, shell of the lamp socket is grounded to the metallic bracket 4 and, therefore'gprovides the' ground circuit of the lamp. The insulatedcenter plug contact'j3 has secured thereto the wire 6 which leads back through the hollow body of the locomotive and is eyeleted or otherwise'connected to the eye 7 of a connector clip 8. This connectorclip preferably consists of a coiled body portion 9 having the ends or arms 10 and 11, the latter being provided with the eyeiwhich receives-the ends of the wire 6. As will be apparent from Figures 4 and -5, particularly the-latter figure; by
squeezing the arms 10-and 11 together as shown in full lines in Figure 5; the convolutions of the coiled body 9'imay, be separatedto facilitate-the placing of the connection over the battery-ter-Lj minal 12 (Figure 1)'. *Thus, in this way, the center tive terminal-of the battery E.
.Referring further'to ,thebattery holder, D for I plug of the lamp may be connected with the posi-; a r .l a
receiving thebattery E, it will be observed from Figure 3 that. the holder comprises a body strip' 13 having the uptumed ends 14 and Hand alsoformed with the upwardly extending spring side, flanges or clip portionslfiand 1'7. The body'strip 13 may 'be' providedjwith openings 13 t o receive fasteners for securing; the holder to the body of the toy. 'Upon placing the battery E in the holder between the end members 14 and 15 and the side members 16 and 17, it will be apparent a from Figures 1 and 2 that the negative terminal 18 of the battery E willbe placed incontact with the upturned end 15 of the battery holder; Thus, the
* battery holder being metallic and connected to the metal toy" thenegative terminal 18 ;of"t he battery will be included in the ground circuit for the lamp.. In that 'connection reference may be' made to Figure 6 which illustrates a diagram of the circuits involved and from which it will be observed that-the ground circuit-is definitely completed through the wheels W, of the tender,
the rails R and the wheels .W'- of the locomotive, allparts of the locomotive-and tender-being of e metal so that completion of the circuit is assured.
The arrangement described permits of disconnecting the engine and'tender by disconnecting the-terminalclip 8 from the battery E,"an d also when the locomotive and tenderare coupled per mits the user of thetrain to utilizethe connector, as a switch for turning on and oil the headlightof the locomotive by connecting and disco nnecting the clip.,-
the illustration shown-the battery holder D and thebatteryE maybe concealed by" the cover G (Figure '1), which jis intended to, simulate coal in the tender." Replacement of the battery is provided for by removing the coverG and removing the old batteryand inserting a new one in the'holder. Ineach instance, of course, it will be understood that one terminal of the battery is groundedto the holder which is'in turn grounded to the body of the toy and the metal' rails. the rails being relied upon as the primary conductor for the ground circuit due to the fact that the coupling between the tender and the meeting the other terminal of the lamp with 7 other terminal of the battery; v
ingto'the desire :of theuser.
Without further description it is thought that the features and advantages of the invention will be readily apparent? to those skilled in the art, and it will of course'be understood that changes in the form, proportion and minor details of construction may beresorted to, without departing from the spirit of the invention and scope of the appended claims.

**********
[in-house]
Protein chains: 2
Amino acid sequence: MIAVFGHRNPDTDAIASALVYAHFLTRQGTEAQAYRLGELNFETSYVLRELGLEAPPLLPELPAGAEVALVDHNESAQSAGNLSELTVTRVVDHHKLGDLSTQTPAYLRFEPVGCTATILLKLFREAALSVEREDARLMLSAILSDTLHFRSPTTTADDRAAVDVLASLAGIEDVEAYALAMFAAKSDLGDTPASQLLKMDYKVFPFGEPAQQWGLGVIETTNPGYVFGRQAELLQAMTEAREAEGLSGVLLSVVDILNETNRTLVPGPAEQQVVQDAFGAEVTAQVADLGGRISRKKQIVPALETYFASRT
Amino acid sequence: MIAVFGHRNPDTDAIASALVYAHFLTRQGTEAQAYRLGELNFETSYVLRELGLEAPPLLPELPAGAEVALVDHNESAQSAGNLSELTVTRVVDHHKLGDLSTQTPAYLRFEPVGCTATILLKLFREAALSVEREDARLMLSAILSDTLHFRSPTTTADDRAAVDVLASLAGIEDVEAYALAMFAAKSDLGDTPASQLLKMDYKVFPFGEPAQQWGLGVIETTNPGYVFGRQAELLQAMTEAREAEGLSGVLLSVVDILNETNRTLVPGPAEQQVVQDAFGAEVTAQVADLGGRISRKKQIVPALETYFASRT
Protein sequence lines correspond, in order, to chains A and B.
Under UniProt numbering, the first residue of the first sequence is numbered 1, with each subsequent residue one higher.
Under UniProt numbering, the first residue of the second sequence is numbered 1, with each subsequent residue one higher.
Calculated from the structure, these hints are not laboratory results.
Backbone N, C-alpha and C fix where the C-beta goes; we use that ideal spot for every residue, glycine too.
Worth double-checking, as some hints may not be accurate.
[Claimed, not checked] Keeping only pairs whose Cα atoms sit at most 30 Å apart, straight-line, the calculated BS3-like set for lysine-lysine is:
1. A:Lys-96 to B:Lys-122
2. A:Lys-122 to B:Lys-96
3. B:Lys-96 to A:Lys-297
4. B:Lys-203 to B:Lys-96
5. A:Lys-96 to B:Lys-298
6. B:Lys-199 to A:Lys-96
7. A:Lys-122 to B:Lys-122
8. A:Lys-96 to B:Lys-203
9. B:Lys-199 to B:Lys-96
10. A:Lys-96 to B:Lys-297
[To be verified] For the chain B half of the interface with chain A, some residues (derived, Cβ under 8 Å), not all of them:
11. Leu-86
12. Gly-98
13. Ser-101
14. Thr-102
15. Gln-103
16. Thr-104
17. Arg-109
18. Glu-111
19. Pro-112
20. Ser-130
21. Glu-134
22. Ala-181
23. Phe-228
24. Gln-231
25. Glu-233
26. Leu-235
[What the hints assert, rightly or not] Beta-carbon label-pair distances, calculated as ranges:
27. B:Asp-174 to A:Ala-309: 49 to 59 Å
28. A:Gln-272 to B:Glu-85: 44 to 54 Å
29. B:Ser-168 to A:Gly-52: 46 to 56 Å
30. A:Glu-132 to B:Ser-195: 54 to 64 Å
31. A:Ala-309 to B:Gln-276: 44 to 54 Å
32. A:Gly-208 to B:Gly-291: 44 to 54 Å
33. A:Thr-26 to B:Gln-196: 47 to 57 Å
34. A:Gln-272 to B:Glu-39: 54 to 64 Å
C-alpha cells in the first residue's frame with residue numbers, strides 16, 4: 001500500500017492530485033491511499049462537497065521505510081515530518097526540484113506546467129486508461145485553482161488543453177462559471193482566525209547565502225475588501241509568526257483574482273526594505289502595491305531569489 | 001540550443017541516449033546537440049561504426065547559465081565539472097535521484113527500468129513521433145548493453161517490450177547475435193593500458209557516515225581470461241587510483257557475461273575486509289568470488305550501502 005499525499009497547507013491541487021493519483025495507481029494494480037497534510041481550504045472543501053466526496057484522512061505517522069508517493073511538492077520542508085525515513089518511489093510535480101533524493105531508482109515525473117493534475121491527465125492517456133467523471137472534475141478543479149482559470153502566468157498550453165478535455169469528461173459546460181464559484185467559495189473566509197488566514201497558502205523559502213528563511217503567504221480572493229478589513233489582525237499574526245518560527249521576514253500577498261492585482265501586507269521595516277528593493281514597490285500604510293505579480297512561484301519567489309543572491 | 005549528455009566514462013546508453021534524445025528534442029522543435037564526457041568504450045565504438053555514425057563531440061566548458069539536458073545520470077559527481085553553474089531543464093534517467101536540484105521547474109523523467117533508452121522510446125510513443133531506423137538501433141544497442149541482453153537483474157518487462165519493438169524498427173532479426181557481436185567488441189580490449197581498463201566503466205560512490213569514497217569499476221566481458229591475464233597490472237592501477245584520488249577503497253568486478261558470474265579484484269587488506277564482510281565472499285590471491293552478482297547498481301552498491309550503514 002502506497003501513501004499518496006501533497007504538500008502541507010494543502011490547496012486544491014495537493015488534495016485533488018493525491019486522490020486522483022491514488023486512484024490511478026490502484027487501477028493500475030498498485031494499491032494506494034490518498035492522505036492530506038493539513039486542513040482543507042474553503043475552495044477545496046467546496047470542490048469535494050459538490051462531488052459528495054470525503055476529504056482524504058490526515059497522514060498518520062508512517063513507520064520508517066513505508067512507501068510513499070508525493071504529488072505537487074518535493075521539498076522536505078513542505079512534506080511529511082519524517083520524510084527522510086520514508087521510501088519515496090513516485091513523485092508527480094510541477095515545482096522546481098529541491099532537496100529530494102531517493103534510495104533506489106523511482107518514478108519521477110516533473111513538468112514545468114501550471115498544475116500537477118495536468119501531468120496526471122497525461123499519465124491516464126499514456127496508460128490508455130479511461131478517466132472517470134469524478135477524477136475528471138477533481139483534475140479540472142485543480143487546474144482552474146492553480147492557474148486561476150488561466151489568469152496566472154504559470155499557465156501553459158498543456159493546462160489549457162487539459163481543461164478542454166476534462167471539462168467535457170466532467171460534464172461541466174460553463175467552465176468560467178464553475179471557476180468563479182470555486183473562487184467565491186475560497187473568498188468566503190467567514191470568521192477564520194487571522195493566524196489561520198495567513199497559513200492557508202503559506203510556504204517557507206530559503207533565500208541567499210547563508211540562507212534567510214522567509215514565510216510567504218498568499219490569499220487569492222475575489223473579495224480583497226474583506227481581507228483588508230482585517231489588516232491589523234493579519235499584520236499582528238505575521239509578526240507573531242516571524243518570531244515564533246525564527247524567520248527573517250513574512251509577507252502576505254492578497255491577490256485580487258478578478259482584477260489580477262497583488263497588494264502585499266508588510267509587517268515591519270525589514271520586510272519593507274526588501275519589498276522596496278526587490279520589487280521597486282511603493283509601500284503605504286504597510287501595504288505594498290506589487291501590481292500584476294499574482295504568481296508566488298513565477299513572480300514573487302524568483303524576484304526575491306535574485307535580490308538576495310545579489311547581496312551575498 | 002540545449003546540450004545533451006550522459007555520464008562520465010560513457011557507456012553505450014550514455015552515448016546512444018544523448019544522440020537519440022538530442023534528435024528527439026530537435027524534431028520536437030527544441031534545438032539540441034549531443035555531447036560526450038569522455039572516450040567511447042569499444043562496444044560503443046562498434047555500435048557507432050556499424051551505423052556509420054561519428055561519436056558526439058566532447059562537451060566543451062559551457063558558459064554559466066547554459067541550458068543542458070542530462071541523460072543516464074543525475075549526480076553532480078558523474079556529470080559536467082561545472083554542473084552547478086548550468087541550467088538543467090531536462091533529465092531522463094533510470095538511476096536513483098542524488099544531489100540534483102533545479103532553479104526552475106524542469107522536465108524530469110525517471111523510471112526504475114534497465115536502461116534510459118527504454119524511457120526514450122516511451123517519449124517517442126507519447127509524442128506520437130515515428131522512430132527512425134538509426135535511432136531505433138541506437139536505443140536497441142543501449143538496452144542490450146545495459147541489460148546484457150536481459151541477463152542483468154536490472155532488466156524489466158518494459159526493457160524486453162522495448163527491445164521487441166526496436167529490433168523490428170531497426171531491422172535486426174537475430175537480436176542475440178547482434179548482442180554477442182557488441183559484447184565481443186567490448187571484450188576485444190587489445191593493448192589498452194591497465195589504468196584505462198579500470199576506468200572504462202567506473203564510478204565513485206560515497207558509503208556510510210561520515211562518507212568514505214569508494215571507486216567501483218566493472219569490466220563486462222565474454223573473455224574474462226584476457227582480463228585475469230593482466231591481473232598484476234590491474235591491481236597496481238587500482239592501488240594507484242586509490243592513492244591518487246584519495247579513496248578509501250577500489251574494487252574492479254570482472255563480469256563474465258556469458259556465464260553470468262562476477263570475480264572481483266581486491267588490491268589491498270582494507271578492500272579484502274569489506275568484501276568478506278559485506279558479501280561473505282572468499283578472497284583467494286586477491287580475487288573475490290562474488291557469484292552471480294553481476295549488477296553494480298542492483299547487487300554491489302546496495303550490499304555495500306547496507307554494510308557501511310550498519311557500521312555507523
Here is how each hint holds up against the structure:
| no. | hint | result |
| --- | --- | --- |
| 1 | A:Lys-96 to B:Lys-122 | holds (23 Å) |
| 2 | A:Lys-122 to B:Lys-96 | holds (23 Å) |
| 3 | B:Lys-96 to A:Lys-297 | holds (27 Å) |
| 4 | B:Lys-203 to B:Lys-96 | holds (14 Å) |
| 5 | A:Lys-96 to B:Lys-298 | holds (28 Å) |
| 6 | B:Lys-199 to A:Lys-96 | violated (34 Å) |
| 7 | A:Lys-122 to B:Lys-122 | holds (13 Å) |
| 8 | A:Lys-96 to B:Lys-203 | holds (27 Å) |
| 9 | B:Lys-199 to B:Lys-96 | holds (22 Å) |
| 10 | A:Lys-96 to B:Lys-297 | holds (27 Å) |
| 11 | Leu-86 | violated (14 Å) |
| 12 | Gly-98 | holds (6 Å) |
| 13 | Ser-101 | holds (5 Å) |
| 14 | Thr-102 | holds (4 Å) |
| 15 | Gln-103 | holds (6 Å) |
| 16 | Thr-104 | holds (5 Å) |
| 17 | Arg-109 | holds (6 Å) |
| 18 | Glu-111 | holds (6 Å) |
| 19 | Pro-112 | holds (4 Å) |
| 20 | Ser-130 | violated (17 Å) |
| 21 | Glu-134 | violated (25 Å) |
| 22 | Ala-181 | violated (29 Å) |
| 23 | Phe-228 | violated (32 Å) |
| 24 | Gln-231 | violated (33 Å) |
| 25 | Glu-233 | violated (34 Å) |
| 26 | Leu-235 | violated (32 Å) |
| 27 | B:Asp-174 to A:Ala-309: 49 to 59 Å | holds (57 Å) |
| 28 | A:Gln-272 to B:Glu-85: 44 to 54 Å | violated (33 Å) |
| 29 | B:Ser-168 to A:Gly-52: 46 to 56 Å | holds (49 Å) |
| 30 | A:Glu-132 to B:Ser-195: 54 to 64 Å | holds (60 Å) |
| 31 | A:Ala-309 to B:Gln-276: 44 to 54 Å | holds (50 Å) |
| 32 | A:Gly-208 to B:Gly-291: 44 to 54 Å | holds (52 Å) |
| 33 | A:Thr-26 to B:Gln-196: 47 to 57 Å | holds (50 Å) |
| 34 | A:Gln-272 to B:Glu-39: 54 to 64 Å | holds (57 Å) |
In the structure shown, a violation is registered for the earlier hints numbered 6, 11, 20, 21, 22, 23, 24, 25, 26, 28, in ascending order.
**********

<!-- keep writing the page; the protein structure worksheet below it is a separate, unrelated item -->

I claim: 1 1. In ,atoy mechanical railway, the combination-with a toy locomotive inclusive .of a boiler simulating body, and a tender flexibly and detachably coupled thereto, an electrical lamp 'carriedby the front end of thelocomotiveibody as a headlight therefor, a battery holder, fitted within thetender, a battery cell mounted in .said battery holder and havingfa projecting terminal and a single flexible insulated conductor vwire connected at one end to one terminal of the lamp and-carrying at its other end a frictional conne'ctor adapted to have a slip engagement with said projecting battery terminal.
2. A i-mechanically operated toy railway in-'' cluding a-toy locomotive having a boiler simu-" lating body, a tender-adapted to be coupled to said-boiler simulating body, metallic means on which the locomotive and tender are adapted totravel, an electric lampmounted atthe. front end of the locomotive body and constituting 9.1 5 headlight: therefor, said lamp having one of its terminals "grounded to-the locomotive body, a metallic battery holder carried by the tender and grouhdedthrough the tenderbody, said battery holder :being adapted to receive a battery cell and being in contact with one ofthe thereof, a singleconductor wire connected at one metal vehicles; an electrical'lamp carried by the.
front end of onevehicl as a headlight therefor, a battery cell mounted in the other vehicle and having one'terminal in conductive relationto the bodies of bbth'vehicles and to one terminal of the lamp, iand conductor means electrically conthe "40A wheeled toy, adapted to travel on a metal track; including a 'pair of coupled metal vehicles, an electrical lamp carried by one vehicle as a headlight therefon a: battery cell mounted in the other vehicle, and having one terminal in conductive. relation to 'the ."metal body. thereof, and a singlefiexible insulated conductorwire connected atone end to one terminal of the lamp to one terminal 01' the lamp, and conductor means electrically connecting the other terminal of the lamp with the other terminal of the battery.
6. A wheeled top including a. plurality of con- 5 ductively coupled metal vehicles, battery dry-cell holding means in one of the vehicles and in con ductive relation thereto, a battery dry-cell held in operative position by said battery holding means and having one terminal in conductive relation thereto, an electrical lamp carried by another of the vehicles and having one terminal in conductive relation thereto, and means for electrically connecting the other terminal of the lamp with the other terminal of the battery.
EARL D. BOISSELIER.